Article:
admin Thu, 03/13/2008 - 04:00
About a week ago, I was surfing the Internet, looking at some Indiana Genealogy sites. Indiana, along with Kentucky, and Virginia are areas that I have done the most research in. Looking at my family tree, my previous 4-5 generations all have solid roots in Indiana, on both my Mothers side and my Fathers side. While surfing I somehow managed to find my way to the Indiana State Library webpage. I have been to the site before, and I have had a little bit of success, but not a tremendous amount. I generally have a little better luck at the Individual County or City Library pages. This time while making my way through the Indiana State Library page, I found a new resource named VINE, that should be helpful. VINE stands for Vital Information Exchange, and appears that the intent is to make a single point to search for multiple types of records. The VINE project overview page states:
admin Mon, 02/18/2008 - 03:00
While I have a goal of having 2650 people in my tree by years end (and I think that this can be done) I have a bigger goal of getting the tree Documented in an appropriate manner. To that end I have spent a great deal of time recently cleaning up the sources I use in my tree. One of the efforts that I have undertaken is attaching images to the sources If I have them. This is useful for a number of reasons, First off, you no longer have to leave the family tree section of the webpage to see a document, now you can view it along side the individual that the record pertains to. For the record, most of my sources are United States census records, and as such I have named the file using the year of the census followed by the head of the Household.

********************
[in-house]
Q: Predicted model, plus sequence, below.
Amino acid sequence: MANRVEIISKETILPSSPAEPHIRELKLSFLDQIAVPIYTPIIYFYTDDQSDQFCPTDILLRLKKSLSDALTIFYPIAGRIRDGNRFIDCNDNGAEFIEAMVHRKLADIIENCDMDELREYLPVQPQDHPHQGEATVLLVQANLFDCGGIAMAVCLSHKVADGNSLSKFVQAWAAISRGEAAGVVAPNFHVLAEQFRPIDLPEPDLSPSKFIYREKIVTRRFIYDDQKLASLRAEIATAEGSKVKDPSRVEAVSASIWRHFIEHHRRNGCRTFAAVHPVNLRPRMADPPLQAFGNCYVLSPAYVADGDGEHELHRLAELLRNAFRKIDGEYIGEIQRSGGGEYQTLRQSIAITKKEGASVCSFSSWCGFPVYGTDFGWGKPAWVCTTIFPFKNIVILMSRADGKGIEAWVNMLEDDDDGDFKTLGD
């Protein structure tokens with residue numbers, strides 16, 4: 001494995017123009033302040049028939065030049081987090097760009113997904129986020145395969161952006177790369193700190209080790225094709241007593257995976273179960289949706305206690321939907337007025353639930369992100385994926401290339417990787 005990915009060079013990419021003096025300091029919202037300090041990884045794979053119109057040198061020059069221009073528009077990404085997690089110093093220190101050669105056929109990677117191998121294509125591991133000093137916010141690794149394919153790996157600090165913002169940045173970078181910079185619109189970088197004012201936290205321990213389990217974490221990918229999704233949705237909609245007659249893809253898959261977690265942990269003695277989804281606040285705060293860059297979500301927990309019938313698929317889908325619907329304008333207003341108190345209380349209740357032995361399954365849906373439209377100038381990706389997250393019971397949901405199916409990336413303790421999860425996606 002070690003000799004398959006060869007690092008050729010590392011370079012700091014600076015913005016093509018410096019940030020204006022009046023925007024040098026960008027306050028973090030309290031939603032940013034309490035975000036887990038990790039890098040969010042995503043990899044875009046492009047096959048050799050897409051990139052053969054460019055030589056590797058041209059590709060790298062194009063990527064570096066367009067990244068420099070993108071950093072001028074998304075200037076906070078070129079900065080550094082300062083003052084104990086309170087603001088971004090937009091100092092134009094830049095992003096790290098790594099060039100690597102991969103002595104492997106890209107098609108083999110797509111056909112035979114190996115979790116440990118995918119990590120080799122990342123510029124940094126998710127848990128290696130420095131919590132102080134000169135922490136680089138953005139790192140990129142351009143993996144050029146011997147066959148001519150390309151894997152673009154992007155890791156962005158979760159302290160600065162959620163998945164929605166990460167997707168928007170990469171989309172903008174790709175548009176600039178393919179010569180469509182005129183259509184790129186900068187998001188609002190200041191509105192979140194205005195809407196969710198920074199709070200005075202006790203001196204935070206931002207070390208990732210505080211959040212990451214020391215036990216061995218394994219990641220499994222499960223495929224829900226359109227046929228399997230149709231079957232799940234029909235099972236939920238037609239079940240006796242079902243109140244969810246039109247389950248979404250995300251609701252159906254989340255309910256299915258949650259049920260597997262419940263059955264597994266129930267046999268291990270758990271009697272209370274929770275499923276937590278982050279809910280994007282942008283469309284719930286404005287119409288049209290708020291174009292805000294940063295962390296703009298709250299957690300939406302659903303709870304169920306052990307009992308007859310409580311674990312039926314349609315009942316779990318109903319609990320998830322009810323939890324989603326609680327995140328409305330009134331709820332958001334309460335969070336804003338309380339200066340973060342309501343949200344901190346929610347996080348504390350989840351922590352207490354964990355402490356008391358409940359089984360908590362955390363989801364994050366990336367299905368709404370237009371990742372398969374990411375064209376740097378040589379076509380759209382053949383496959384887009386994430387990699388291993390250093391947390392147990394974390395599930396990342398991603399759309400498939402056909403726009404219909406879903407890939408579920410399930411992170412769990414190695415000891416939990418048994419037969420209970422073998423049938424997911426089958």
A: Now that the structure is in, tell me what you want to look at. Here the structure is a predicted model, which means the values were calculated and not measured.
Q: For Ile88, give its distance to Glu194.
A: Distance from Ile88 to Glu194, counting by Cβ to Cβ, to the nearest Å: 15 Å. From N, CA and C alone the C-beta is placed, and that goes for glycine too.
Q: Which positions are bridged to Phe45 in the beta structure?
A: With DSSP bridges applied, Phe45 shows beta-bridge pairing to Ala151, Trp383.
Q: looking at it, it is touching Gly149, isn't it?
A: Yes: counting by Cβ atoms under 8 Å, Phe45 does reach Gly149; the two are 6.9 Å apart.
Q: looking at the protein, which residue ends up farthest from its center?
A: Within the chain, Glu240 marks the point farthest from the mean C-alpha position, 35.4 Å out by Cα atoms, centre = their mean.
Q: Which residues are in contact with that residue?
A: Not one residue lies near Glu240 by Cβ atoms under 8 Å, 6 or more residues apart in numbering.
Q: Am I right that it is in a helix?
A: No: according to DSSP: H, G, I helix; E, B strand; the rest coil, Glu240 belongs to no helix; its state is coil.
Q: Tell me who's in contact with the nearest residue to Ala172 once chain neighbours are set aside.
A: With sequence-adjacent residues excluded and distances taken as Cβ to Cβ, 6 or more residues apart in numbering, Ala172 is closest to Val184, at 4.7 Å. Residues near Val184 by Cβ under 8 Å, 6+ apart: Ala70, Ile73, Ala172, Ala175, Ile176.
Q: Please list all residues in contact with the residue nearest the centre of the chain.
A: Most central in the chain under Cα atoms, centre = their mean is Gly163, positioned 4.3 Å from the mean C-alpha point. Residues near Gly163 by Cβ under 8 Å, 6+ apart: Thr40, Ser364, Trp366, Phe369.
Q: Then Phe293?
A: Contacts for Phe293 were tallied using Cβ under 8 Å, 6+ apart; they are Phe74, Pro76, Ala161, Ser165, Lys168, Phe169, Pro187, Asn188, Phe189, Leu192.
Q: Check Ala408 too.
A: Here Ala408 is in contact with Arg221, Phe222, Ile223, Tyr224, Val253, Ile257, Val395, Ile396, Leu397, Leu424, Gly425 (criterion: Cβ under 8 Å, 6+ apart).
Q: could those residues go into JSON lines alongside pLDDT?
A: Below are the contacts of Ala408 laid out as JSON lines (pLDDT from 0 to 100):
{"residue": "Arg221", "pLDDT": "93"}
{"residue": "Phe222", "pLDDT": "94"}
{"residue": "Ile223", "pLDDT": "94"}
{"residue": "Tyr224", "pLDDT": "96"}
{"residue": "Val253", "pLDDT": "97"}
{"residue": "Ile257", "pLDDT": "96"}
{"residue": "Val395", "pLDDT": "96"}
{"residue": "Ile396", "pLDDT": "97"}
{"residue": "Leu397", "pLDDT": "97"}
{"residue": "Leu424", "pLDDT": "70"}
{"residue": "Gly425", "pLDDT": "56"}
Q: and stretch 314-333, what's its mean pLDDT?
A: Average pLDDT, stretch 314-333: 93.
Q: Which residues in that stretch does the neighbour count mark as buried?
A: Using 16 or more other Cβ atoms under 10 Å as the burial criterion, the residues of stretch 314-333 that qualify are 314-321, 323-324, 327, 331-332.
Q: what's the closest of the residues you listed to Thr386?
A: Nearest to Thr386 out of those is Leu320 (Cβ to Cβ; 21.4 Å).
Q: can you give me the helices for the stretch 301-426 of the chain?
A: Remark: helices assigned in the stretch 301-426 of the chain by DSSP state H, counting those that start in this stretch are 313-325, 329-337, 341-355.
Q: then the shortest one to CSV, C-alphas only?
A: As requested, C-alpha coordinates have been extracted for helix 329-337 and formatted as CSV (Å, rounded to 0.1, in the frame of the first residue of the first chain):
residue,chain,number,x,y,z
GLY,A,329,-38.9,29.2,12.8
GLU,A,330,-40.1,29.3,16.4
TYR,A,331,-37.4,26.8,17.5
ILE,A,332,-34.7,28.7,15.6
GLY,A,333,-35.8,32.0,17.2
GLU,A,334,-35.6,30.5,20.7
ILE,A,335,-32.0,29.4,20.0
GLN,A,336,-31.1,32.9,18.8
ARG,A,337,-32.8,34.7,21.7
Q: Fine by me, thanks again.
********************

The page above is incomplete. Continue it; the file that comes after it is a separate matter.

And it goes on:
admin Fri, 01/18/2008 - 03:00
I was looking back at some old emails to try to figure out when I actually started to get interested in genealogy. The earliest record that I could find was an email that I sent to an aunt in early February, 2001. That means that I have been doing this off and on now for about 7 years. In the very beginning I can remember being very frustrated because I was not making ANY progress at all. I could not even get my an agreement on my paternal grand fathers name or birth place. I vaguely remember trying for a little bit and then setting it aside, I was in grad school and was pretty busy at the time. In July of 2002, I was getting married. The wedding provided an event for my Fathers family to get together. In the days leading up to the wedding, my Uncle Phil gave me a file that contained some of the information that he had gathered on the family.